MINGORA, Pakistan - The military offensive to expel the Taliban from Pakistan's Swat Valley could take another two months to complete, and troops may have to stay for a year to prevent militants from retaking control, commanders said yesterday.

The armed forces have secured control over several key towns during the month-old campaign in the northwestern region, but the fighting has uprooted three million people and triggered suspected reprisal attacks elsewhere in the country.

The chief army spokesman, Maj. Gen. Athar Abbas, told reporters on a military-organized tour of the town of Mingora that by "a rough estimate" it could take an additional two months of fighting to uproot the militants from their hideouts in the lush valleys of Swat and surrounding areas.

Earlier, Maj. Gen. Ijaz Awan, a senior commander in the eight-day battle for Mingora, said the military was gearing up for a fight in the nearby town of Kabal, where top Taliban leaders are suspected of being holed up.

"We have bottled them up very well," Awan said. "Hopefully this will be a decisive battle here" in Kabal. "Their deaths are vital to killing their myth."

The battle for Swat, launched in late April after the militants abandoned a peace deal that gave them control of the northwestern region bordering Afghanistan, is seen by Washington as a test of Pakistan's resolve against extremists.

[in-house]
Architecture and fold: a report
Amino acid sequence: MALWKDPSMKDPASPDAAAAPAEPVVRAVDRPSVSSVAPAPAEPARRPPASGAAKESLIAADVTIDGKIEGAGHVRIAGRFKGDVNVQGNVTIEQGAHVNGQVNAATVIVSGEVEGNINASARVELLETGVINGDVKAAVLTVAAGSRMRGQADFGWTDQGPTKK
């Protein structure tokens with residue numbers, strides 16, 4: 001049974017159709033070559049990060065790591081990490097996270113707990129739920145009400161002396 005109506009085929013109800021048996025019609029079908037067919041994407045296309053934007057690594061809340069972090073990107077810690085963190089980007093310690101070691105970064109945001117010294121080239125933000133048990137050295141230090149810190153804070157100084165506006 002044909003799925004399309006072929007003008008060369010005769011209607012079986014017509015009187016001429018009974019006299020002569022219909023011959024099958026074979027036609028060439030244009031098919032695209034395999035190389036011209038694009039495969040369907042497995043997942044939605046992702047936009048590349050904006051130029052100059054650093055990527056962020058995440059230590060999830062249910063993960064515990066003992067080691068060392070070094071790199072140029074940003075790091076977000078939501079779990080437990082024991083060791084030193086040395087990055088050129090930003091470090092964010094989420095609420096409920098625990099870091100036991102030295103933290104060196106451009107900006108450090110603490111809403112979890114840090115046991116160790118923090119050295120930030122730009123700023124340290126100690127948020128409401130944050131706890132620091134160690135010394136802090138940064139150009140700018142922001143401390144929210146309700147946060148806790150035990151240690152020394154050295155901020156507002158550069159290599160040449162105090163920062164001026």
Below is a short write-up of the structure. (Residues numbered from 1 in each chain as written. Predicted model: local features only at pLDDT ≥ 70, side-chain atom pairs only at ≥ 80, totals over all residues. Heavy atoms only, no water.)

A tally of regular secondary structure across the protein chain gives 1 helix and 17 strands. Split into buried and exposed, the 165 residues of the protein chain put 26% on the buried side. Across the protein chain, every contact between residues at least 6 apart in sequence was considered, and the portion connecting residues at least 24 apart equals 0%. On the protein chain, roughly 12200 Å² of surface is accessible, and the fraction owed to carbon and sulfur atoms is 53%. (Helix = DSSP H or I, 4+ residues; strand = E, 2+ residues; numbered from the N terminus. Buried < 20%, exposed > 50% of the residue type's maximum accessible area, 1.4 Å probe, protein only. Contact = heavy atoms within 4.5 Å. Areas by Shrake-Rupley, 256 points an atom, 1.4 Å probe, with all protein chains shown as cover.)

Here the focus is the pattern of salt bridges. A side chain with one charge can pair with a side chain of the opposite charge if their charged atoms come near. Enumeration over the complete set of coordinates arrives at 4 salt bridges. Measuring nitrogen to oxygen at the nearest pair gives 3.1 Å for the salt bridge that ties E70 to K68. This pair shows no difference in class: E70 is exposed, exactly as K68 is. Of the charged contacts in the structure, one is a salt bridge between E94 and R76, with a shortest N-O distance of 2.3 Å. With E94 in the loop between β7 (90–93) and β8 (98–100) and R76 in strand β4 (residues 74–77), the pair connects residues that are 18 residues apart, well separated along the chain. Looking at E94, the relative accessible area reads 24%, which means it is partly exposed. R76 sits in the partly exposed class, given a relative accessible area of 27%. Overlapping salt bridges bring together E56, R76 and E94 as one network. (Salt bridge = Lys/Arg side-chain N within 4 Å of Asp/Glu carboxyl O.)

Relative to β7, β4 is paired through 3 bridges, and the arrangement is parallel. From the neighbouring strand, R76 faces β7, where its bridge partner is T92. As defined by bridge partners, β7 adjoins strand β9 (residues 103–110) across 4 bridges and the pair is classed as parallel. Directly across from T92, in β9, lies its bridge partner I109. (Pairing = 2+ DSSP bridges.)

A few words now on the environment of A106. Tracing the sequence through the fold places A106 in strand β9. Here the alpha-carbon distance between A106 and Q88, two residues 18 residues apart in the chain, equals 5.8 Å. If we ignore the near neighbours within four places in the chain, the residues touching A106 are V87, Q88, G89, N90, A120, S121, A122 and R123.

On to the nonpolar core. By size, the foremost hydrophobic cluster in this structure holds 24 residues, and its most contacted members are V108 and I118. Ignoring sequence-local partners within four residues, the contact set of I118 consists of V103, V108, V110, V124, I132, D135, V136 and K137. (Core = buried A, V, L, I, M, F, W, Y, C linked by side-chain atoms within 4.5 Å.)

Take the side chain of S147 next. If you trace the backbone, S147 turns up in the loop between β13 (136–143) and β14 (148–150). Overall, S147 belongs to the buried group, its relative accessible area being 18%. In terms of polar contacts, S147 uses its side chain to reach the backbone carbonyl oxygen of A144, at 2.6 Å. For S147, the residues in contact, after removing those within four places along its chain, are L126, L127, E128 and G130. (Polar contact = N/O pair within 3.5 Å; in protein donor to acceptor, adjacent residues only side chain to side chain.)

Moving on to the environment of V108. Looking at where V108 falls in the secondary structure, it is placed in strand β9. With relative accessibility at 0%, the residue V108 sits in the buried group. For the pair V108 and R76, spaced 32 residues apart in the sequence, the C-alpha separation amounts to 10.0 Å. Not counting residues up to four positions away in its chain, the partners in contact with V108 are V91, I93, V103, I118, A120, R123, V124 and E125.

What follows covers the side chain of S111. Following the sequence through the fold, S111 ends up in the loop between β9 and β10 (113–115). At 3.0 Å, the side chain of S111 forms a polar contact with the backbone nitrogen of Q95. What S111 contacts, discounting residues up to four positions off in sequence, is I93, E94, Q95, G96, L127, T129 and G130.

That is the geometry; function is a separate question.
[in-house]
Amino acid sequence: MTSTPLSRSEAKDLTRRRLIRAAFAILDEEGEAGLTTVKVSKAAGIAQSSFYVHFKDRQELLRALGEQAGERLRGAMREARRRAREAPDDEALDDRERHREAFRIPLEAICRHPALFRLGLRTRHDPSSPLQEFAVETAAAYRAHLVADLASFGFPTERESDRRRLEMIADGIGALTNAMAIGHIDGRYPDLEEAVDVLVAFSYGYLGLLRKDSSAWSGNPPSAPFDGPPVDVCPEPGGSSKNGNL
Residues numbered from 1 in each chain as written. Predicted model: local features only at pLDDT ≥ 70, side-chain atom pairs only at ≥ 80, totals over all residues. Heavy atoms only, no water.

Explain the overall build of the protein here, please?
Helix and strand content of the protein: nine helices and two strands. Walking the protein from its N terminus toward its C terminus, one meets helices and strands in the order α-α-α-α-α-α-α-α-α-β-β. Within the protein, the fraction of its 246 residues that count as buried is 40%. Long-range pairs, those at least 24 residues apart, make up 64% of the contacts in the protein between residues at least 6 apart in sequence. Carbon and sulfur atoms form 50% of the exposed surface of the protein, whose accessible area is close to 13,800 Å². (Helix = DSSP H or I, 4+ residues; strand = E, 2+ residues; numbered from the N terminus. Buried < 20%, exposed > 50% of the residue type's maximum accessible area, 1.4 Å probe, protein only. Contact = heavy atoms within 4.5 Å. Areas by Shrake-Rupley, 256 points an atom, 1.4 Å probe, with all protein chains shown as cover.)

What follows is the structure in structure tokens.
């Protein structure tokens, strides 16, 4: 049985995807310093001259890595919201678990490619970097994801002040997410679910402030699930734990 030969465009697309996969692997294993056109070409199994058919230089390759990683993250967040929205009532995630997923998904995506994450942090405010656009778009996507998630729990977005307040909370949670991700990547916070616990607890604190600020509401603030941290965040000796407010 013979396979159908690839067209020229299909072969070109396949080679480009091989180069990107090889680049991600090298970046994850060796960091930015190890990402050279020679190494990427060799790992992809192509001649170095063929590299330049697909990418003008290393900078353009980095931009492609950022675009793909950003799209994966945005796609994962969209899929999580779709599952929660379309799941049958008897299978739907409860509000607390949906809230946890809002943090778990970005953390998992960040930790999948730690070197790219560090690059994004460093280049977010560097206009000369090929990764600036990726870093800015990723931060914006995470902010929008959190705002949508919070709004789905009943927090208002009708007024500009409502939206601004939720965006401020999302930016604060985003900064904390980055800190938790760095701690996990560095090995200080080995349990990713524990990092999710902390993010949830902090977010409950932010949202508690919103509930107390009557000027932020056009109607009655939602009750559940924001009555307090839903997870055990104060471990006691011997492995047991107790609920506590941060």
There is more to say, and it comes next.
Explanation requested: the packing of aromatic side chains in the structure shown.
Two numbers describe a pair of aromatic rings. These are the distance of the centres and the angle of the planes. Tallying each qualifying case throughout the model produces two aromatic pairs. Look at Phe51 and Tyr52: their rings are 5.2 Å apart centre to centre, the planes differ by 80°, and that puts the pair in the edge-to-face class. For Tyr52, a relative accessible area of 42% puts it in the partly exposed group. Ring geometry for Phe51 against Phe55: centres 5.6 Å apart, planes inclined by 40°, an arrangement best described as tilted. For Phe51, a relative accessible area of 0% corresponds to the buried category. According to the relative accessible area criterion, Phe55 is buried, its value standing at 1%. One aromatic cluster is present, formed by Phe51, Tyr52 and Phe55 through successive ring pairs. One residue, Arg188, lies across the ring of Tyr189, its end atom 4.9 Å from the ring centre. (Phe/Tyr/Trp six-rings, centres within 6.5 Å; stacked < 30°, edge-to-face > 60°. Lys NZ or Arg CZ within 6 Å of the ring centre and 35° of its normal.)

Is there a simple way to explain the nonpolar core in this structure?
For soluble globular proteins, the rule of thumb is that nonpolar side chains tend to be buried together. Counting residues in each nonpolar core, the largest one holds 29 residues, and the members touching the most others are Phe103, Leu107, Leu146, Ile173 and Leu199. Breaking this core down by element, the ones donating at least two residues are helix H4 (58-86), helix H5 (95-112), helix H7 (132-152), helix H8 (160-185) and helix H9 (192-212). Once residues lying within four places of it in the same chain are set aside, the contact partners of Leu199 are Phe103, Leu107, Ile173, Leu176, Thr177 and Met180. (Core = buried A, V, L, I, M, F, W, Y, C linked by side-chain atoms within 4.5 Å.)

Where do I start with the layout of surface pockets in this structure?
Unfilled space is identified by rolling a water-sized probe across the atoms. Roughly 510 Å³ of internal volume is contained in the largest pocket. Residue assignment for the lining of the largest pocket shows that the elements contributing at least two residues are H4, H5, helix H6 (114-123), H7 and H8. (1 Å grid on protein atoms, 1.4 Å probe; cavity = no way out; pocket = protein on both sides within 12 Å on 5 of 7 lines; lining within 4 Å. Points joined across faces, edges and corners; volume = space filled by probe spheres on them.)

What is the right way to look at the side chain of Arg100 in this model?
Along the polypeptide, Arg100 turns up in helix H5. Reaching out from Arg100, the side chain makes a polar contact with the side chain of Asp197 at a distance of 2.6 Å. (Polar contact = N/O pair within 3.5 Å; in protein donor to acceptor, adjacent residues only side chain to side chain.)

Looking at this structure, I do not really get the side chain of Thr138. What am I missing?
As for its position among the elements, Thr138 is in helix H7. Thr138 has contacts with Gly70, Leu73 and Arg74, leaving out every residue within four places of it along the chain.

The United States strongly backs the campaign, and it has enjoyed broad support among Pakistanis. But that support may sour if civilian casualties turn out to be high or if the government appears to bungle the refugee crisis.

The government must also contend with attacks elsewhere that officials say are an attempt to distract the military's attention from Swat.

One such attack was Monday night's ambush-kidnapping of scores of students from a military cadet school in North Waziristan, near the Afghan border.

Richard Holbrooke, the U.S. special envoy to Afghanistan and Pakistan, held talks in Islamabad yesterday with President Asif Ali Zardari and was to visit a refugee camp today.

Holbrooke rejected as "ludicrous" a claim by Osama bin Laden in a new recording that the United States was responsible for the Swat refugee crisis because it pressured Pakistan into carrying out the offensive.

He also announced that President Obama had asked Congress to approve $200 million more in aid for the refugees, on top of $110 million already pledged.

He said rebuilding towns and resettling refugees would be critical for Pakistan's government. Power, water, and gas remain cut in Mingora, the largest town in Swat, and food is short. Officials are discouraging refugees from returning home yet.

During yesterday's military tour through parts of Mingora, an AP reporter saw soldiers but little sign of the 40,000 residents still there.

At a crossroads dubbed the "bloody intersection" by locals because the Taliban would leave mutilated bodies there as a warning, there were signs of battle. Chunks of a multistory building were blown away, and security gates were torn off at least one storefront. Broken glass and bricks lay all around.

Awan said that the military hoped about 2,500 police would return to Mingora by June's end but that the army would probably have to stay in the Swat region for at least one more year to secure it.